[Skip to content]

Search our Site
  • Instagram Icon
  • RSS Icon
  • Twitter Icon
  • Facebook Icon
  • YouTube Icon
UK Athletics

Chiba Ekiden Relay

Share this

Share to Twitter Share to Facebook Tell friends via WhatsApp Email us
Sian Edwards
Sian Edwards

Jon Brown continued his solid preparation for the upcoming Fukuoka Marathon and Sian Edwards gave herself an early 18th birthday present to help Britain’s teams perform well at the Ekiden International Relay in Chiba today.


Brown, fourth in the last two Olympic marathons, was third-quickest over his 10km stage, clocking 29 minutes 27 seconds, to lead Britain into seventh place in the men’s race. Their team of six covered the marathon distance in 2 hours 4 minutes 12 seconds in a race won by Kenya in 1:57:58 with Japan second (2:00:01) and USA third (2:01:56).


Edwards, the Kettering schoolgirl making her senior international debut after finishing 10th in the junior women’s race at last winter’s World Cross Country Championships, inspired the GB women’s team to fifth place, their highest position since 1993. She was fourth-fastest on the opening 5km stage, clocking 15:41, 14 seconds quicker than her previous best.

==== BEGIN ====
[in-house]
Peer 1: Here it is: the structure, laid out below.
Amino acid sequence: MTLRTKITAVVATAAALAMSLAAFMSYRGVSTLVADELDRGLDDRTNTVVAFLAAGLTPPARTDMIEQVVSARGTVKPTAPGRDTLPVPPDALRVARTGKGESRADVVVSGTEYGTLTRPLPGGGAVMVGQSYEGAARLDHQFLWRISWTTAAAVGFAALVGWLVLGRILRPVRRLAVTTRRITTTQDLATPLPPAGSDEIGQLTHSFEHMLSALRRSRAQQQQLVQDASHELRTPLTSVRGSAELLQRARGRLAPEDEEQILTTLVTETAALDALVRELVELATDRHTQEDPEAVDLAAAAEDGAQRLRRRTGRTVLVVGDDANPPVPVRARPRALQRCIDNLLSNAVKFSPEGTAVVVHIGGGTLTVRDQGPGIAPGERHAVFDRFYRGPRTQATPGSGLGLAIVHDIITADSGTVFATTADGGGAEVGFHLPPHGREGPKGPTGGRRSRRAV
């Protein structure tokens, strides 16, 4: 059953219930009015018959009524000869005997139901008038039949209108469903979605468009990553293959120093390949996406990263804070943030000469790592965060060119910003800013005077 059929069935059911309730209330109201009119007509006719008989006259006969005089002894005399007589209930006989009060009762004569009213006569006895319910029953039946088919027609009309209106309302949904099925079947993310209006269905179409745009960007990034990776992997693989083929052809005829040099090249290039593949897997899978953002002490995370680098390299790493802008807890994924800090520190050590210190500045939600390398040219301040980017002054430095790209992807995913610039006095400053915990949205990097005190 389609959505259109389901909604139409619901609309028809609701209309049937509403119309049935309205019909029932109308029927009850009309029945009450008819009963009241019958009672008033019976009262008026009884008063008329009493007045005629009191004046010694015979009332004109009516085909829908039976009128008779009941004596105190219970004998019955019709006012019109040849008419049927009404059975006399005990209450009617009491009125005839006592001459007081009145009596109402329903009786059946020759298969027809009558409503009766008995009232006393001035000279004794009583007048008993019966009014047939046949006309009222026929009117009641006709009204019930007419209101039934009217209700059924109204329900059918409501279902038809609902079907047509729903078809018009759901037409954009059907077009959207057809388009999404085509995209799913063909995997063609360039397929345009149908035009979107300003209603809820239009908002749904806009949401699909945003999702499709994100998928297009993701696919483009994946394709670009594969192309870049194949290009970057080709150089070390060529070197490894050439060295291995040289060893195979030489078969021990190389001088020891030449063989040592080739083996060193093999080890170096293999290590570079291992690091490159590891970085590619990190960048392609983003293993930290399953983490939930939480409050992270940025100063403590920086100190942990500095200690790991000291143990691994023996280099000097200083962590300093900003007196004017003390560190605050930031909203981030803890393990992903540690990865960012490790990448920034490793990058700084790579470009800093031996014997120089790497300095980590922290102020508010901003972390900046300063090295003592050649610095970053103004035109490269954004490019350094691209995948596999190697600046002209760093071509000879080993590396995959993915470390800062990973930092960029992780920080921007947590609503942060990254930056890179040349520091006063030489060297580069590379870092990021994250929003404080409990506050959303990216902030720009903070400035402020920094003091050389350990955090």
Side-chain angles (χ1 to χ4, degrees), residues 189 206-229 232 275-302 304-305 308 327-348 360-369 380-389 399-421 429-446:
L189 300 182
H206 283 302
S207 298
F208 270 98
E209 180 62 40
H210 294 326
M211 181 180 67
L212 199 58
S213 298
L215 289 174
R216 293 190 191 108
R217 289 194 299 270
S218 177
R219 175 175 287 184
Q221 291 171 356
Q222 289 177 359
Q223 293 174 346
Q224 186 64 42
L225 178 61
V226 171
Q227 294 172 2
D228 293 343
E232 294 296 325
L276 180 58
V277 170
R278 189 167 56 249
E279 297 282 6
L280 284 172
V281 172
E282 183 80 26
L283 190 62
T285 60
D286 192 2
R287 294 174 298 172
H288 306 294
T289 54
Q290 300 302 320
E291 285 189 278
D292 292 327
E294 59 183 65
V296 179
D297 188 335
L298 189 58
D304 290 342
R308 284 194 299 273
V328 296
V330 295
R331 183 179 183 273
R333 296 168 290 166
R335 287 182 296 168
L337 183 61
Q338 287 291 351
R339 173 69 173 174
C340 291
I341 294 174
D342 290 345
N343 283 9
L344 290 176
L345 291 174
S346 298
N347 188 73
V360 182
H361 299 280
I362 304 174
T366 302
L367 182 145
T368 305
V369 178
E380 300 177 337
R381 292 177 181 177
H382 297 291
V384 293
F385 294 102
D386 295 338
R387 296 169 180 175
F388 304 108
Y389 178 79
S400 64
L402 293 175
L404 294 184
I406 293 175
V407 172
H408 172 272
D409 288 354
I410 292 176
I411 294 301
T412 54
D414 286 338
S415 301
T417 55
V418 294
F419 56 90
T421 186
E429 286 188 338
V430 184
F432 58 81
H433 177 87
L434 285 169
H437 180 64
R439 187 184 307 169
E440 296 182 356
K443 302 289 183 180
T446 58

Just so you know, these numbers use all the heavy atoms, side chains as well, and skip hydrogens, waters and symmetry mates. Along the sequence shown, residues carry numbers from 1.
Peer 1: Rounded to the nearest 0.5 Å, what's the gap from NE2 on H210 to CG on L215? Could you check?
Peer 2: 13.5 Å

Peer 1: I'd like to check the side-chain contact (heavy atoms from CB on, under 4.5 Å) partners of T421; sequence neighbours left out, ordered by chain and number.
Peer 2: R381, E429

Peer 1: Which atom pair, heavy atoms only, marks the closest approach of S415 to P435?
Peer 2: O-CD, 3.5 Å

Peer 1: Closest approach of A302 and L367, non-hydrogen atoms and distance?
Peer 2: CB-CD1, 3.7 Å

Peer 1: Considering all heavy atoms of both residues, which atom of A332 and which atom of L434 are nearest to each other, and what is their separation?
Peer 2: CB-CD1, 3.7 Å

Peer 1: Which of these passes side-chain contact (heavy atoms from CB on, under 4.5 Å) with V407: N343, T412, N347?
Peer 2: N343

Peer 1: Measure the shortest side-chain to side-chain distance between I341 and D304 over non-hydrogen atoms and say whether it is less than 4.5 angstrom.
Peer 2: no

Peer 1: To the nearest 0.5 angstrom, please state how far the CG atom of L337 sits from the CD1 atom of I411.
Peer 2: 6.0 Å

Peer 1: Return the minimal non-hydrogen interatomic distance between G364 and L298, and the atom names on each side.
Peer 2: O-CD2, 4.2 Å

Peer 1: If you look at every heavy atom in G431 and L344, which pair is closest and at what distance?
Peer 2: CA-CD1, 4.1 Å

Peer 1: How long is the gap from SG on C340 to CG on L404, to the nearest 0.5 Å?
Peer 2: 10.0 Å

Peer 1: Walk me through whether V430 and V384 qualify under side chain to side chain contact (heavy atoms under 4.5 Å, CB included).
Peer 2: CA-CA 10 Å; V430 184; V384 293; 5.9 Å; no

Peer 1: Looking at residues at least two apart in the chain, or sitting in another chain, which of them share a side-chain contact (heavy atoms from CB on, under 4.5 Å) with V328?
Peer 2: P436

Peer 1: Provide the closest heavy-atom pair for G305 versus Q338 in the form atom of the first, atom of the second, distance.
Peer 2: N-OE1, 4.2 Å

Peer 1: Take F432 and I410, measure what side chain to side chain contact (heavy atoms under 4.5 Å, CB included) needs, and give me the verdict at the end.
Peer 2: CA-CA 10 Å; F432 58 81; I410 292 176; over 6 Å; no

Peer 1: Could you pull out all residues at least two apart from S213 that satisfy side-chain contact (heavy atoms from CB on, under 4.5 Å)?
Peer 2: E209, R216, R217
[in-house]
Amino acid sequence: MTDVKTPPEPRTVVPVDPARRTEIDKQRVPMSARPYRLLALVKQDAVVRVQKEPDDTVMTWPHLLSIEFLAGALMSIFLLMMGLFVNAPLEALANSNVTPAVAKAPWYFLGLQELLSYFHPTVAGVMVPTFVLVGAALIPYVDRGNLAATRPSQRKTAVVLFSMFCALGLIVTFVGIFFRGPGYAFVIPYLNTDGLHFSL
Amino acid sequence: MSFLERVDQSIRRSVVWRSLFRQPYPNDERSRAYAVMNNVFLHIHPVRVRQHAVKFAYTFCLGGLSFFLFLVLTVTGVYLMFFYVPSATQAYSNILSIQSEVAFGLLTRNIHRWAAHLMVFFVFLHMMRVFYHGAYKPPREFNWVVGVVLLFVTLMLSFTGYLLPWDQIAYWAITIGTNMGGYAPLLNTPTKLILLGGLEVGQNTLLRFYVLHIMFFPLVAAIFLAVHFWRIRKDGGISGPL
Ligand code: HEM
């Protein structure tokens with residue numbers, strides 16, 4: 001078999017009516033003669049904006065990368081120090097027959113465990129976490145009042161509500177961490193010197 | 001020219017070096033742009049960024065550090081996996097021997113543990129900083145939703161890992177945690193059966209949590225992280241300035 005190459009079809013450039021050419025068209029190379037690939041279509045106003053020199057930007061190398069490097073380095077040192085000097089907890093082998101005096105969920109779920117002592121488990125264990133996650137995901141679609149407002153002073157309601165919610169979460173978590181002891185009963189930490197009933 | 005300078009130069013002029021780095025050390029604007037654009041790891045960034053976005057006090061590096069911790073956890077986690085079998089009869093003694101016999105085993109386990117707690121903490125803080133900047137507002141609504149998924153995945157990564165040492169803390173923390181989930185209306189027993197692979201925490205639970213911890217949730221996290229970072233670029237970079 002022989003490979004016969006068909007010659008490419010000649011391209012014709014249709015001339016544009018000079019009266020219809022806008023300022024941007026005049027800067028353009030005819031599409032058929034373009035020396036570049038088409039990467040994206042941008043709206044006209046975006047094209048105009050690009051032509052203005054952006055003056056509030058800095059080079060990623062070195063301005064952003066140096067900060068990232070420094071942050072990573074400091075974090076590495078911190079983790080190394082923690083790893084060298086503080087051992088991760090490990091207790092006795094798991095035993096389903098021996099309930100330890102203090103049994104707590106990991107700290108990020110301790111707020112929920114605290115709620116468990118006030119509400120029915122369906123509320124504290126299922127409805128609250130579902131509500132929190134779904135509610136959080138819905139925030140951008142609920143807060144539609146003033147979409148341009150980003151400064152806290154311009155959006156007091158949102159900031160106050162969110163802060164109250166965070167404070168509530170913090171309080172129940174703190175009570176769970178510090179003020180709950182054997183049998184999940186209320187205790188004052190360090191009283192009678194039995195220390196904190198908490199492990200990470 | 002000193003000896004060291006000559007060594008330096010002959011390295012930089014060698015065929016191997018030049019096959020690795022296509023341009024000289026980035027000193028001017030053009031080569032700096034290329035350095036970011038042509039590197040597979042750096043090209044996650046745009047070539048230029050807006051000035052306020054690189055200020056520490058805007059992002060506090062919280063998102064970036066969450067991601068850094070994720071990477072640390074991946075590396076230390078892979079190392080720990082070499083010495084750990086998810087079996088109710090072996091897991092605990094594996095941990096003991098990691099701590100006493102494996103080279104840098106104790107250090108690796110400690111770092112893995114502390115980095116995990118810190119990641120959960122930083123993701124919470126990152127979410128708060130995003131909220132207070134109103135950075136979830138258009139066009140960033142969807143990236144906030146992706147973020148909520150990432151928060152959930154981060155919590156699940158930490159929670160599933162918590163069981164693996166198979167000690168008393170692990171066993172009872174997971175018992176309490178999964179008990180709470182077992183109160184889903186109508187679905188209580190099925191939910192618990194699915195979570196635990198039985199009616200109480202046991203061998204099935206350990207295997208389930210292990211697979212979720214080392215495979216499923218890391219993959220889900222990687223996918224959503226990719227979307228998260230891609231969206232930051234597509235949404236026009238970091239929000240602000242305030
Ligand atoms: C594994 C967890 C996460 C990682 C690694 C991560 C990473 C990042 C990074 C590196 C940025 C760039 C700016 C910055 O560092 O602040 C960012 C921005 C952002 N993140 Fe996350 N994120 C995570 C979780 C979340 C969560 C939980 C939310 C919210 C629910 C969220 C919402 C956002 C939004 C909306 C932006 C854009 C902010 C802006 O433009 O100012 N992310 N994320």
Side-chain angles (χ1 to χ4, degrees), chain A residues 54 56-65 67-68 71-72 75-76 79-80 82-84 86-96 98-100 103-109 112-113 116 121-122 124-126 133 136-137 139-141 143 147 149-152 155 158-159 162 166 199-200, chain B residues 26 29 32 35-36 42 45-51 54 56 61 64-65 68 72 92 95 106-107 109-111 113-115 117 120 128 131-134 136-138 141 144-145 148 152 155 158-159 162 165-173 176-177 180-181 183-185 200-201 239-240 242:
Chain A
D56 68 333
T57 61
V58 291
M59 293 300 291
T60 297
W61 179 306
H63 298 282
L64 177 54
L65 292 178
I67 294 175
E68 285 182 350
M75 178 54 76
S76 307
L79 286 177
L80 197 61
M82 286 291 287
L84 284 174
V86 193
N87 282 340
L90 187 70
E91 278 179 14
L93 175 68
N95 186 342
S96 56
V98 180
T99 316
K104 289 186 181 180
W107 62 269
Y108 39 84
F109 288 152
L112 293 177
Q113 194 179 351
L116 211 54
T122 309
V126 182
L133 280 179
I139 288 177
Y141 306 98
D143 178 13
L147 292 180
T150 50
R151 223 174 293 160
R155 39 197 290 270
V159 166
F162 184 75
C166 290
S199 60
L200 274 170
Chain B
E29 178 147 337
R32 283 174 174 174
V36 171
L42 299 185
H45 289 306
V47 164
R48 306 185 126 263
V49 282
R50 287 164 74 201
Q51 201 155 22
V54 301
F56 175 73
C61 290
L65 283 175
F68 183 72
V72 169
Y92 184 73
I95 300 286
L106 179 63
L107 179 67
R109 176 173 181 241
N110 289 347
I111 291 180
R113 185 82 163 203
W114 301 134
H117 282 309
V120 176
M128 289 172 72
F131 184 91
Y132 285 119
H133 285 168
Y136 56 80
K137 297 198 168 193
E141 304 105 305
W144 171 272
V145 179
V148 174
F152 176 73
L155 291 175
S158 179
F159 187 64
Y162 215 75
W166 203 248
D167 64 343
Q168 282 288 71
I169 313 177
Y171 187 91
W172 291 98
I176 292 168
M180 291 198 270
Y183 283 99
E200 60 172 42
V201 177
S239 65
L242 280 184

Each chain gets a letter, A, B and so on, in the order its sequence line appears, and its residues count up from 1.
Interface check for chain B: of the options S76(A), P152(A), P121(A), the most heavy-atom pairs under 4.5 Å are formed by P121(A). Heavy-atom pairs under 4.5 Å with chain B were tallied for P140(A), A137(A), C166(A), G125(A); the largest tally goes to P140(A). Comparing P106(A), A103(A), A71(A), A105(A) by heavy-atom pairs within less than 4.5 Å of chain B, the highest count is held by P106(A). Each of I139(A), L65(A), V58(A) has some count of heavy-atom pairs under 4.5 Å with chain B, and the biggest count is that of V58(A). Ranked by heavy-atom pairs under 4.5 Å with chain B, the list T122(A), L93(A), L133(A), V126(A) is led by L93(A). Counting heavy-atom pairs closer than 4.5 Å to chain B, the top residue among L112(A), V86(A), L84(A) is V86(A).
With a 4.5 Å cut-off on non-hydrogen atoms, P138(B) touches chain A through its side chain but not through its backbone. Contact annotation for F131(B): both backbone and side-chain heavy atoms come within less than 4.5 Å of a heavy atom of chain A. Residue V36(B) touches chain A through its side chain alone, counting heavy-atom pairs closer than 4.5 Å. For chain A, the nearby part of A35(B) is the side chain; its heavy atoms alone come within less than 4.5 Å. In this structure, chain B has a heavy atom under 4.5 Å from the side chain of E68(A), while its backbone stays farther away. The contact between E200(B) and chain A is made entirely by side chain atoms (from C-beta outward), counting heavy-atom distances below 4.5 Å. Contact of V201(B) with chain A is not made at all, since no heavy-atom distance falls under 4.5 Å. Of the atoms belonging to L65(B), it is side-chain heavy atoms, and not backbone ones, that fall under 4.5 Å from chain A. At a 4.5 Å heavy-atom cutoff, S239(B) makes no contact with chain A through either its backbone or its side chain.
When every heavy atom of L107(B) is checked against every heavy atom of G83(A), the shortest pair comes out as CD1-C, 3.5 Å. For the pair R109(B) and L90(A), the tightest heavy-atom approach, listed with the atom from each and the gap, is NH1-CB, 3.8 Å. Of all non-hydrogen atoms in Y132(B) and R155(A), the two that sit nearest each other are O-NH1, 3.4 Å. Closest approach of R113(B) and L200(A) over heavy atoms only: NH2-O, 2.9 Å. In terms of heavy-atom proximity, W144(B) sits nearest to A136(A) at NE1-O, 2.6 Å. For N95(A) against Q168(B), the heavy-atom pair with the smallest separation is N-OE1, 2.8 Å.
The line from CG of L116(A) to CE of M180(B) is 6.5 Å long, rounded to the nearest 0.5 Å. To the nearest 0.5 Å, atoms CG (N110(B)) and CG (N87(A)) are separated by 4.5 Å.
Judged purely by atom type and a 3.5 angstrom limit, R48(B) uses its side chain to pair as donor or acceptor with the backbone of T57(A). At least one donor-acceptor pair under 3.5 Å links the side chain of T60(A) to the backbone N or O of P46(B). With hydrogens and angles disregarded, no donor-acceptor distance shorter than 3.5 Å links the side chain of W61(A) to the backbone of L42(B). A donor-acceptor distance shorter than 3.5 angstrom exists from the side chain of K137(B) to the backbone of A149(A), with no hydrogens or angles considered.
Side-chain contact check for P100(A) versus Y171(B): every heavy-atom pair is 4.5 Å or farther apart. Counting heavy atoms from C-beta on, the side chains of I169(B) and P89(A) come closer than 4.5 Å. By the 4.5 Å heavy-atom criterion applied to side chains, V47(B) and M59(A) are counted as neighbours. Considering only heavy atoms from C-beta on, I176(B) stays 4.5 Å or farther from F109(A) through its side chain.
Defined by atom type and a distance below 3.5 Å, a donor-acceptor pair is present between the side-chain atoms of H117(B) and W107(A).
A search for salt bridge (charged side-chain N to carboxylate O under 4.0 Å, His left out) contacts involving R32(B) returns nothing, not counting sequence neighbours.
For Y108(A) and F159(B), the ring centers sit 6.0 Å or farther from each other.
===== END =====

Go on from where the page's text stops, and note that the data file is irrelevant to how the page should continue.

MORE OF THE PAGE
With the vastly experienced 1500m specialist Helen Clitheroe chipping in a 16:28 stage on a hillier part of the course, Britain finished in 2:20:49, their second-fastest time in the 17-year history of this race. Their quickest, 2:19:12, was fired by Paula Radcliffe, the world marathon record holder. Kenya won in 2:13:35 with Russia second (2:14:51) and Japan third (2:17:00).


Ful Report Added November 25th: